A marketing campaign to get people in Africa to eat sweet potatoes? It's working.
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Gates Foundation: The Story of Food

Random thoughts I have while looking at sweet potatoes:

"You'd look great as a plate of fries."

"Honestly, who was the first to decide to put marshmallows all over you?"


"Wait. Are these yams?"

A thought I have never had: This type of potato saves lives.

As it turns out, they might actually do just that.

Image via iStock.

Welsy Anena's mother is convinced that orange sweet potatoes saved her daughter's life.  

Not in a "thanks for the side dish, I was so hungry!" kind of way. In an actual life-saving way.

Her daughter, Welsy, had been so sick as a baby, and in and out of a Ugandan hospital — sometimes in such serious condition, her mom didn't know if she'd even make it. But when her baby started being fed orange-fleshed sweet potatoes, her health turned around and now she's a vibrant, healthier kid. Whoa.

Her mom's story isn't the only one that depicts sweet potatoes as an edible hero.

You see, Welsy suffered from Vitamin A deficiency — the leading cause of preventable blindness in developing countries. In Uganda, 1 out of every 3 kids under 5 suffers from Vitamin A deficiency, resulting in almost 30,000 child deaths every year. And that's just in one country.

Orange sweet potatoes can help.

Image via International Potato Center, used with permission.

While orange sweet potatoes are common in the United States, they are very new in Africa.

For hundreds of years, Africans have had their own version of a sweet potato: white and yellow in color, very starchy and firm, and frankly, a terrible source of vitamin A.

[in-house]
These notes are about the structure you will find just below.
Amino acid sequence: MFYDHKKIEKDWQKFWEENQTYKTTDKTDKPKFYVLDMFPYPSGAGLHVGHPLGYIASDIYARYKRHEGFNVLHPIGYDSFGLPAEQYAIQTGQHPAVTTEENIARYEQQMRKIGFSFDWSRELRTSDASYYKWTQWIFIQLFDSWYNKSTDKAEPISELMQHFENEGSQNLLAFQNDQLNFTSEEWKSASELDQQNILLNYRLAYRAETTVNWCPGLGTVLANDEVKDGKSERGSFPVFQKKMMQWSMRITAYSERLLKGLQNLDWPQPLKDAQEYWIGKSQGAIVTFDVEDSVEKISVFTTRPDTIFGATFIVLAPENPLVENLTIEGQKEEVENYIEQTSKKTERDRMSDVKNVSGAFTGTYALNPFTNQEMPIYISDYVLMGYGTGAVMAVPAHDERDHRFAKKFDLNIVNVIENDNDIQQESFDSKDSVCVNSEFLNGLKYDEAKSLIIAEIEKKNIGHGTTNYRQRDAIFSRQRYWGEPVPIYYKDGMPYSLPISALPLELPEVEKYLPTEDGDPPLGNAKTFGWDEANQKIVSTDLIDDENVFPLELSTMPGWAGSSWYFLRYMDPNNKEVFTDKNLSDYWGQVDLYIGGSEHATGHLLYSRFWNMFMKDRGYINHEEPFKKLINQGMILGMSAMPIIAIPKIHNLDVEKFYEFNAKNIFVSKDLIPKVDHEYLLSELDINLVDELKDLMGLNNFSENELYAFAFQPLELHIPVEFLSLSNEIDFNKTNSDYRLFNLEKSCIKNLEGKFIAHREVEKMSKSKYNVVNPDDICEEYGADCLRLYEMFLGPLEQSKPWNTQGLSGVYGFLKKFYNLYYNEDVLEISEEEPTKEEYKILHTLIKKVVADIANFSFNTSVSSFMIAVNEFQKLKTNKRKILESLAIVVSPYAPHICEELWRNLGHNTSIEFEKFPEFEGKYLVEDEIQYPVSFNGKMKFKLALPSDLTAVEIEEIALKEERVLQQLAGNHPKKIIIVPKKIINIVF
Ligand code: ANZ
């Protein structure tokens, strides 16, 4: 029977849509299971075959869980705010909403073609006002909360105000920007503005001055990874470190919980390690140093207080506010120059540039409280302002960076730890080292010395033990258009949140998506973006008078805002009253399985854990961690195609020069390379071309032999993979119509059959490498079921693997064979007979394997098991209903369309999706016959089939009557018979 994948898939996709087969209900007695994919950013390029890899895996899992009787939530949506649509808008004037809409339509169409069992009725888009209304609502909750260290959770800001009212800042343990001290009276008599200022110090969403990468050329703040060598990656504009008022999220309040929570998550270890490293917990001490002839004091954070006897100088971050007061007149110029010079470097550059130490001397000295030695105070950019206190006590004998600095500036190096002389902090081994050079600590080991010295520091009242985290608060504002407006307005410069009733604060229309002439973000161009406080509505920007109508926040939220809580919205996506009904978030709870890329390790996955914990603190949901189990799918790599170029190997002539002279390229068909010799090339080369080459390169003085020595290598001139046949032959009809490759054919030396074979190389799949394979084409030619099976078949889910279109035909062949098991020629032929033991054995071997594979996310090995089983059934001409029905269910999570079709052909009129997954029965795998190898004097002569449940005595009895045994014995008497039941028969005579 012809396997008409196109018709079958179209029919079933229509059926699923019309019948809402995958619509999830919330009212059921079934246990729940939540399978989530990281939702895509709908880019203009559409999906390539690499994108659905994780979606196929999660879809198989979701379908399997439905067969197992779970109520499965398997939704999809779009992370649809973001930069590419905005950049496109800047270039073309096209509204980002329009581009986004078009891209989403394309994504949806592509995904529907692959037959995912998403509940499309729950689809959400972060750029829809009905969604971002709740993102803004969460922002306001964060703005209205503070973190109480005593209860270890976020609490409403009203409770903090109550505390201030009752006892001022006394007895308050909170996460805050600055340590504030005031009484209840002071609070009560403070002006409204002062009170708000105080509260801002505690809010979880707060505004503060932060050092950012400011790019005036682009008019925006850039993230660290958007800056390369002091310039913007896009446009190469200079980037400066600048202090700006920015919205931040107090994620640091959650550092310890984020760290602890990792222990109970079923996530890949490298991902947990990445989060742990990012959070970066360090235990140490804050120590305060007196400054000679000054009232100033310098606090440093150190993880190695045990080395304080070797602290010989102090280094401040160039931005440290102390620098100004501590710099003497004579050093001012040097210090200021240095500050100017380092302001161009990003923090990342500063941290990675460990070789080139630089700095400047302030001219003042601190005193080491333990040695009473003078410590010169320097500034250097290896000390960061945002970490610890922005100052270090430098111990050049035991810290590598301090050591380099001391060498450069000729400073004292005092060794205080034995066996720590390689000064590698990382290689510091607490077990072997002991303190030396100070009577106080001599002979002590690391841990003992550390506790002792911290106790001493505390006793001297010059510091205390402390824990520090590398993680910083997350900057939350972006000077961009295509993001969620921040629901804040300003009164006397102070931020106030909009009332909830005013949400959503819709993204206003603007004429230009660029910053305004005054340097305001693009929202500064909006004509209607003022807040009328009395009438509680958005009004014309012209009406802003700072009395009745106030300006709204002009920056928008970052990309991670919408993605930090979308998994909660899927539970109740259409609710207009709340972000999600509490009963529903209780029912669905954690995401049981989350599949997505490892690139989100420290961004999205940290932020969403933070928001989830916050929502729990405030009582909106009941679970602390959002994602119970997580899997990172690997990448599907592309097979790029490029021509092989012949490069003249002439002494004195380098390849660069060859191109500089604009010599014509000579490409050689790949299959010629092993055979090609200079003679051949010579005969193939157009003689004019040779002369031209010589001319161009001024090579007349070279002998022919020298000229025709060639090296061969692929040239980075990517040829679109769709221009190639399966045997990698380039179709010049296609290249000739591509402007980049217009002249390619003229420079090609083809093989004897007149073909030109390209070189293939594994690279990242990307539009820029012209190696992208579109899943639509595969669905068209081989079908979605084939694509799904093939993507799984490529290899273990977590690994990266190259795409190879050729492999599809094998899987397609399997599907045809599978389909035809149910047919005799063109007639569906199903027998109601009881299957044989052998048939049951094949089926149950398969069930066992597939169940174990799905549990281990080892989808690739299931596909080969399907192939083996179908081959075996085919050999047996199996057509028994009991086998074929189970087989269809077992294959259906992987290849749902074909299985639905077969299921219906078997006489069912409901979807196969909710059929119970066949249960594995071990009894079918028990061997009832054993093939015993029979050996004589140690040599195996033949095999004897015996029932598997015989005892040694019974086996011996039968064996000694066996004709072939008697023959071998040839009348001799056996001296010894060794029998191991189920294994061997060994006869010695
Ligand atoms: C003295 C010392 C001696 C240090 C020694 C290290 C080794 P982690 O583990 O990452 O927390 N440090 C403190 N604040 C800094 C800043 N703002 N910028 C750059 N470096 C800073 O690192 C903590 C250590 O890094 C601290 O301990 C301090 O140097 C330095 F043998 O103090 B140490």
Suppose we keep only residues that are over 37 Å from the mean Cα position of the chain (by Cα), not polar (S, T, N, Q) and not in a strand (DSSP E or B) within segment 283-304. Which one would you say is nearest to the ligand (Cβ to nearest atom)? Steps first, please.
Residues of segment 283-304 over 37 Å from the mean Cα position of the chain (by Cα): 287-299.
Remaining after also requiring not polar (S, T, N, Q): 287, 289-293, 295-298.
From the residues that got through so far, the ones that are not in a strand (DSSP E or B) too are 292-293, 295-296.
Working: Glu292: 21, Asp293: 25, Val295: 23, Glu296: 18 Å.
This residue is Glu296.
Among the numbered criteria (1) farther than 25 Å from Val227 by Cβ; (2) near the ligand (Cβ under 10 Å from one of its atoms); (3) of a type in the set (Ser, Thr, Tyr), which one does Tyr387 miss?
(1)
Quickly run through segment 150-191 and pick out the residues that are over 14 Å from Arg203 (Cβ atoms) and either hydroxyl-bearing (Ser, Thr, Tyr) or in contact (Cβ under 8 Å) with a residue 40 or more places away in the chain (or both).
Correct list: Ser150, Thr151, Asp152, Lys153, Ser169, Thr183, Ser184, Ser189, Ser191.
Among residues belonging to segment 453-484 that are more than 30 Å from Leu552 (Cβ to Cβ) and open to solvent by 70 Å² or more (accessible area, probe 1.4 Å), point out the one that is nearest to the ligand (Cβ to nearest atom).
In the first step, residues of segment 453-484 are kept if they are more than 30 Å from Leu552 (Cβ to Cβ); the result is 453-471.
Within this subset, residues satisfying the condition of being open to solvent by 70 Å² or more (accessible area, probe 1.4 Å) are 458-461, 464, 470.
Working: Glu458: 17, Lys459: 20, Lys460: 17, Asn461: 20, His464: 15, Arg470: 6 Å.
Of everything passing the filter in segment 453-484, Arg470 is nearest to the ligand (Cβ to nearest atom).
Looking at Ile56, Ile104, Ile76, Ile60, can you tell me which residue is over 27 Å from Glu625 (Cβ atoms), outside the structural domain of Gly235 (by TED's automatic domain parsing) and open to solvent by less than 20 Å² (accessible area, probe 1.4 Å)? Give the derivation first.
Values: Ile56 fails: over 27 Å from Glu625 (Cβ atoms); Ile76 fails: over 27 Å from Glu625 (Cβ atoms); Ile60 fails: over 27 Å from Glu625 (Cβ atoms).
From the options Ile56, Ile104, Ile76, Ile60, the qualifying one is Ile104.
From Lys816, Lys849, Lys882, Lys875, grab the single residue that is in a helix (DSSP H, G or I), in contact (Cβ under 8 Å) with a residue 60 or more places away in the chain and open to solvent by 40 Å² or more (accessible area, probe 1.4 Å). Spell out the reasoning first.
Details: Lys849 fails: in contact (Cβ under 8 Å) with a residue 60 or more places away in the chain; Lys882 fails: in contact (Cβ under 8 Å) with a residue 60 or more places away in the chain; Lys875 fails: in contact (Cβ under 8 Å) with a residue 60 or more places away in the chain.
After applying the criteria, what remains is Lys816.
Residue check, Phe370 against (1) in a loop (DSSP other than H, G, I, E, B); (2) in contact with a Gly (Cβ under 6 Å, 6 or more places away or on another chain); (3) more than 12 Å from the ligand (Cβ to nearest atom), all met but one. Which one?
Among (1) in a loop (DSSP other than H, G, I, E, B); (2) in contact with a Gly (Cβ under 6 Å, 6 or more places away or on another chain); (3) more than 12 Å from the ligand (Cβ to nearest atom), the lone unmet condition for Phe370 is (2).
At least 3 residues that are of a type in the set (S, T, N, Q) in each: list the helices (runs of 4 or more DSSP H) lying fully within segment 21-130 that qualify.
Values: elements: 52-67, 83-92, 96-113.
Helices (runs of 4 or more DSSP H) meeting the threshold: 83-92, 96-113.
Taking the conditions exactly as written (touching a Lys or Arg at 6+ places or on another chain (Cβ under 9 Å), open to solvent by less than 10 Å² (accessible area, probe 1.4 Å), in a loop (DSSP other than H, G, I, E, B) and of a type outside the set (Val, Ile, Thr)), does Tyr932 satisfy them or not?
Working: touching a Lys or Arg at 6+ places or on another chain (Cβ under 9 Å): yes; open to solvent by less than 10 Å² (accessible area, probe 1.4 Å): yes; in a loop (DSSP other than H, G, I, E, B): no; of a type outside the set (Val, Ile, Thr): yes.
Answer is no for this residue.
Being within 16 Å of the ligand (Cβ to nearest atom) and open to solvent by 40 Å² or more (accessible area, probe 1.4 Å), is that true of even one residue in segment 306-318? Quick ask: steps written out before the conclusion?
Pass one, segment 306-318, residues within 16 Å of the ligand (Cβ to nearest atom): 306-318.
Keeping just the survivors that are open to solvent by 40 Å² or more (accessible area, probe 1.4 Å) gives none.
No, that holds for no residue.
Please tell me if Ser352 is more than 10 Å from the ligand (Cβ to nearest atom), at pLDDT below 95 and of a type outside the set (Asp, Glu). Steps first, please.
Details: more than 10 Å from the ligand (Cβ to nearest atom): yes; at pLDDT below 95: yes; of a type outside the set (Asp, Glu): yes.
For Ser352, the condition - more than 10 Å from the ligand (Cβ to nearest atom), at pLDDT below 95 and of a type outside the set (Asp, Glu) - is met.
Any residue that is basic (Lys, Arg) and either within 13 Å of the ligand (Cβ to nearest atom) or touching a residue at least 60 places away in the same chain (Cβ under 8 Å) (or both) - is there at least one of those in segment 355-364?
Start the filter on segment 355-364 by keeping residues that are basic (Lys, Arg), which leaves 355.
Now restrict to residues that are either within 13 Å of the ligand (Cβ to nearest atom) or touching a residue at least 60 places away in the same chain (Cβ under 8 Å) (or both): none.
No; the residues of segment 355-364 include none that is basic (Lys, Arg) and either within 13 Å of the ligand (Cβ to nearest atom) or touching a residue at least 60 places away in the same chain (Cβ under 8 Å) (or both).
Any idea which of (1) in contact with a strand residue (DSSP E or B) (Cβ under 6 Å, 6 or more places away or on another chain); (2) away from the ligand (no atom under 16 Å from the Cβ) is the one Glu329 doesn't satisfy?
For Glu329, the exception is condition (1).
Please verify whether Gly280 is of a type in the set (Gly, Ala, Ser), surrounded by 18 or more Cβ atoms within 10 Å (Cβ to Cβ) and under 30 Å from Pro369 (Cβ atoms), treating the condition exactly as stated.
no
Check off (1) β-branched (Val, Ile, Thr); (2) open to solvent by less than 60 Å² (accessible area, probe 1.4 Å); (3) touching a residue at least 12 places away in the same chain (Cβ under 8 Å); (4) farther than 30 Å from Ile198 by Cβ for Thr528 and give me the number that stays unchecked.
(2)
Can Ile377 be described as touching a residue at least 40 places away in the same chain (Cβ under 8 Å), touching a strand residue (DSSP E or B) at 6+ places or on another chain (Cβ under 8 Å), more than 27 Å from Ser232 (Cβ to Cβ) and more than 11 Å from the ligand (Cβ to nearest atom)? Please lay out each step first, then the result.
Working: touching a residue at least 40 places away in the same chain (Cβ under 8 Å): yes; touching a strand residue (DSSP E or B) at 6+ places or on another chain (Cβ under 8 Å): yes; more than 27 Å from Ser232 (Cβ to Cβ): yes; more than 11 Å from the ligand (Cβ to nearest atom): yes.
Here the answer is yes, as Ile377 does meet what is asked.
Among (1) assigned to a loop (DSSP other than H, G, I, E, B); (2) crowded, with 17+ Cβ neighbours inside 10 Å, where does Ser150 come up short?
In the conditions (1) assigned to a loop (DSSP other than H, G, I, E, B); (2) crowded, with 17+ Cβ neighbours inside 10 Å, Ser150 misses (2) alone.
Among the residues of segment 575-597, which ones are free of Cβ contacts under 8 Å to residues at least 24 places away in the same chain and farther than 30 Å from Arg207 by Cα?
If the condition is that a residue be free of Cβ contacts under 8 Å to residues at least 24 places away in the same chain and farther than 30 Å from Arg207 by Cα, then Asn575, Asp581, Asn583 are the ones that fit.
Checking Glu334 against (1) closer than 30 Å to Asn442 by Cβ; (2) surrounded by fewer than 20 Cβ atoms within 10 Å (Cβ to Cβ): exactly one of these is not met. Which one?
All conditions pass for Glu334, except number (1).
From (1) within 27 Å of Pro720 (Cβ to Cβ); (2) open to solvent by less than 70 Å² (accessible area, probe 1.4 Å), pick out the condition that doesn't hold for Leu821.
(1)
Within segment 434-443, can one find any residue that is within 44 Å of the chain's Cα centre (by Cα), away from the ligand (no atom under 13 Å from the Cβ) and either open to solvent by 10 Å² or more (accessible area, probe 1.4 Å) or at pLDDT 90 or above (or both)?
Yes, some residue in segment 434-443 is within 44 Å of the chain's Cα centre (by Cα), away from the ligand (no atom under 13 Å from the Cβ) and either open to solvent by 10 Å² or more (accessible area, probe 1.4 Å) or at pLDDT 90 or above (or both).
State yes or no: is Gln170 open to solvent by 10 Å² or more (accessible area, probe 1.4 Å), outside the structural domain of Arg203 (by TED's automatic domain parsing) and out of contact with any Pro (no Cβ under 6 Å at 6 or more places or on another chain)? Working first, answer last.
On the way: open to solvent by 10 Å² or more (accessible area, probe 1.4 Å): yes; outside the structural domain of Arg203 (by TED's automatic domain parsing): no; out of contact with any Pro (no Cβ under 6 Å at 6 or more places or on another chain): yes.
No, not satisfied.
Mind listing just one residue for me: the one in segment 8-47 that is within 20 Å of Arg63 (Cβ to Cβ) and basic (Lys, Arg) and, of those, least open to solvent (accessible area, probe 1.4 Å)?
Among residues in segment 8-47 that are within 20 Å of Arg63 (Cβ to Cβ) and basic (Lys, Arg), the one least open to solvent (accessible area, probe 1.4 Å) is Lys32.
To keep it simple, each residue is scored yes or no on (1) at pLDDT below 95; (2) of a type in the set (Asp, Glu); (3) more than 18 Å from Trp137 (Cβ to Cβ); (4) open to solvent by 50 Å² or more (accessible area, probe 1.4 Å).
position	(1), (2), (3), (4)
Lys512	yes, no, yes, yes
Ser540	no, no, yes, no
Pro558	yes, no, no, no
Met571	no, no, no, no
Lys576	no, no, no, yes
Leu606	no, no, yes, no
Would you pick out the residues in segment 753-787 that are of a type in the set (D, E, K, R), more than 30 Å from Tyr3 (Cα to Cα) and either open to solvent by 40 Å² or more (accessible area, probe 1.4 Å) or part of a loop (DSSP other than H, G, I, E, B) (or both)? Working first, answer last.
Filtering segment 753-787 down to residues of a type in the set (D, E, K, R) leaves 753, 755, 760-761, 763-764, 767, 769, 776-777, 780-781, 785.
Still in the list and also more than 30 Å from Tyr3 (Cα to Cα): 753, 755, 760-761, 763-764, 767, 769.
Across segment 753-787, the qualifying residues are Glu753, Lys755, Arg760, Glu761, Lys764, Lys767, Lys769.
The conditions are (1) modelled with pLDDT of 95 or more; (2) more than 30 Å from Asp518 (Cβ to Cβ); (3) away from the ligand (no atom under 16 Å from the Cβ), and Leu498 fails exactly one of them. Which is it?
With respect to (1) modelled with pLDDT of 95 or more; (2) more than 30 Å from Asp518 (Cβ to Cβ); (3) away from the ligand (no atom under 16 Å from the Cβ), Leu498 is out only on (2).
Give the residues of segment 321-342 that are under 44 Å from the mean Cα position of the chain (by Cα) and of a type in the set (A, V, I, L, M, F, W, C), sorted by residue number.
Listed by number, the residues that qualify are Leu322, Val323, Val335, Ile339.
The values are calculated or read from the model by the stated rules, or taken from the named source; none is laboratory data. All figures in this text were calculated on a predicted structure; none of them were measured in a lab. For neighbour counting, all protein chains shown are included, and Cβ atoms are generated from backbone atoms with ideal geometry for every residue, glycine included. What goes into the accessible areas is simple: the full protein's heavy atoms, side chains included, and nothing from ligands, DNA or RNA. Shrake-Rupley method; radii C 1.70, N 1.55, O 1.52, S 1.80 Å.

That's a heavy contrast from the type of sweet potatoes we find in our grocery stores in the U.S., where they are carrot-colored and known for their vitamins and nutrients, especially their vitamin A.

Researchers had an idea: If orange sweet potatoes combat vitamin A deficiency, what would happen if they could get communities to eat them instead?

Maybe it could help prevent blindness and death in kids. They're finding out.

For the past 15 years, the International Potato Center (CIP) has been leading the way on introducing the orange-fleshed sweet potato in Africa.

Image via the International Potato Center, used with permission.

It's been an adventure and easier said than done. Africans initially scoffed at the idea of orange sweet potatoes. No way. The potatoes had a weird texture and weren't what they were used to eating. They were also grown differently from their traditional type of sweet potatoes. All signs pointed to no. Can you blame them?

The research team from CIP took note and developed a starchier version of the orange sweet potato that still contained more vitamin A than other potatoes, but tasted more in line with what Africans were accustomed to.

Once they had the potato how they wanted it, they had to get people to want to eat it.